Tommy Thompson surfaced briefly in the news on the 30th anniversary of the beginning of the first of what would be come a record four terms as governor of Wisconsin.
The attention paid to arguably the state’s most successful politician comes at a time when the state’s current governor, Scott Walker, looks to be heading down the same kind of longevity run.
Walker loves to run for office. He runs for something every two years and has hit the stumps a dozen times. So it comes as no surprise that he will be running in 2018 for a third term as governor.
It is too early to speculate about a fourth term. But he is still a relatively young man. He would be 55 in 2022.
That’s not to say the Democrats will concede a third term, but the desolate state of the party offers relatively smooth sailing for him next year in most parts of the state, with the exceptions of the cities of Milwaukee and Madison. Major Democratic contenders have taken a pass.
Pendulums swing quickly in politics, but the Democrats have lost a message that sells. In the Progressive tradition, they offer a never-ending stream of expanding government programs. They offer subsidies to create a deeper and wider safety net.
Republicans offer more upside with a prosperity message, coupled with a more tightly managed safety net. Walker calls his platform a trampoline versus a hammock.
There are many comparisons to be made between Walker and Thompson. But they aligned completely on making Wisconsin one of the most business friendly states. One of those rankings (always suspect for their methodologies) recently put the state in the top ten for business.
Tommy was a cheerleader for business and the state, and so is Walker. Both are upbeat in tone. Thompson’s opening line was often: “Isn’t it a great day in Wisconsin?” Walker’s tag line is” “Wisconsin is Open for Business.”
When I was serving a term as chair of the Wisconsin Taxpayers Alliance, Thompson stormed in to object to an accurate but less-than-sterling grading of the start’s economy and tax climate. He pounded the podium and stormed out. It was great theater.
Democratic Gov. Pat Lucey was pro-business before Thompson. He was famous for his hallmark property tax exemption for manufacturing machinery and equipment. Where are such pro-growth Democrats today?
Smart strategy or not, Walker doubled down on the state’s manufacturing bet with a Lucey-like tax break by eliminating most of the state income tax on manufacturing and agri-business. A case can be made for diversifying beyond those two bedrock sectors of the Wisconsin economy. But it was a bold stroke.
An adversarial posture toward corporations may have played well back in the day when unions were a dominant force, but the confrontational strategies and tactics have given way to more collaborative management models in places of work.
That holds true whether organizations are non-union or still unionized. Global competition doesn’t allow for costly friction within a workforce or rigid work rules. Every employee has to be fully engaged in the success of an enterprise.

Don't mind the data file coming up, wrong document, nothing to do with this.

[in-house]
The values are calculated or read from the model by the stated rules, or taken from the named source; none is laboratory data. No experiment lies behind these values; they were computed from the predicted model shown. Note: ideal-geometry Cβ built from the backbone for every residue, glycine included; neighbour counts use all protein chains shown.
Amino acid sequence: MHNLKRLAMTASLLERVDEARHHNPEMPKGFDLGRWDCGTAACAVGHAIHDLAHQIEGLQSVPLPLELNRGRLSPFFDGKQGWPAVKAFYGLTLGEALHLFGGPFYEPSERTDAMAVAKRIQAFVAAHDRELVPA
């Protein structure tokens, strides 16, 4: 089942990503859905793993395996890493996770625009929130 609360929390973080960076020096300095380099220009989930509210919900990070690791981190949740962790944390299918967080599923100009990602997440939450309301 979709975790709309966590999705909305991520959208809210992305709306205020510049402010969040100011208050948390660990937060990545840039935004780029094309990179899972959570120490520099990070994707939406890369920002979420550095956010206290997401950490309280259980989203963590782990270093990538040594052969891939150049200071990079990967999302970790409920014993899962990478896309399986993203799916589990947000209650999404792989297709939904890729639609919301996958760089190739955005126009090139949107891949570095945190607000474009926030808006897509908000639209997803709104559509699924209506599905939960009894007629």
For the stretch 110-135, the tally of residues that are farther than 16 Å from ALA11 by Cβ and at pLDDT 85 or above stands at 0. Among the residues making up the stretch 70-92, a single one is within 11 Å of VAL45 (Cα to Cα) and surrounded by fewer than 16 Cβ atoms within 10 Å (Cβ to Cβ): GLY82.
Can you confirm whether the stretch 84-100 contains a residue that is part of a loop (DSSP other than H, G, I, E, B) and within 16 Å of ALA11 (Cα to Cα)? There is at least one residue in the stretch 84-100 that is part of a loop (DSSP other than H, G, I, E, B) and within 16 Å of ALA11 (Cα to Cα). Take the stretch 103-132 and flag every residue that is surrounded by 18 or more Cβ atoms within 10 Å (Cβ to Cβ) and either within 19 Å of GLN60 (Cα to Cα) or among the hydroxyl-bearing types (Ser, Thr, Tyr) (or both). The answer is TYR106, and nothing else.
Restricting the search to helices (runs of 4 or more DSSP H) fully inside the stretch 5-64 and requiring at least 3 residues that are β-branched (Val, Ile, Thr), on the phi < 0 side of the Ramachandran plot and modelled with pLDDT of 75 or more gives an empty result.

Union membership is way down.
The Thompson/Walker positive spin on the numbers has never wavered,
even when job growth, wage levels, startup vitality and share of national GDP have long lagged the median for the 50 states.
Both governors can do a 45-minute riff on their upbeat themes without looking at a note. Both are down-to-earth and engaging. Tommy had a genius for working a room. He’s legendary for remembering people and names. Both have the Wisconsin vernacular in their language.
They are, however, far from clones.
Thompson’s approach to governing was inclusive. He created dozens of task forces and commissions to dig into complex policy matters on topics as diverse as export stimulation, juvenile justice and jobs for the next century. (Disclosure: I served on several of them.)
Like good CEOs in business, he encouraged a diversity of thought from experts in a field. He would listen hard to a distillation of the dialogue, slice and dice the conclusions for political impact, strike a direction and then set the wheels in motion to bring about constructive improvements. He was an incisive and decisive executive.
He loved policy and believed good policy made for good politics. He often said he would use his accumulated political chips to get things done.
Thompson’s signature legislation was W2 — Wisconsin Works – that tied work requirements to welfare subsidies. It spread across the nation and to the UK and Western Europe. Welfare rolls dropped.
Walker works differently, albeit in more partisan times. Like his predecessor, Democrat Gov. Jim Doyle, his decisions are shaped by a tight group of staff people in the governor’s office. The cards are kept close to the vest. Task forces and commissions are rarely used. His cabinet is in the background.
In that vein, his signature legislation — Act 10 to shackle public unions – came as a complete surprise to almost everyone, including GOP insiders.
That hardball law fit his formula: hard calls to cut or hold the line on taxes, while undercutting political opposition, all in the same stroke. Walker is more about politics than policy.
While Thompson was able to work across the aisle for some votes, Walker gets next to none from the Democrats. The times are hyper-partisan.
Walker has become a national figure through his hardball politics. Thompson hit the national scene with innovative policies like school choice.
Both made legitimate runs for the Republican presidential nomination. Both would have been better candidates than the two men who won the nominations in 2012 and 2016.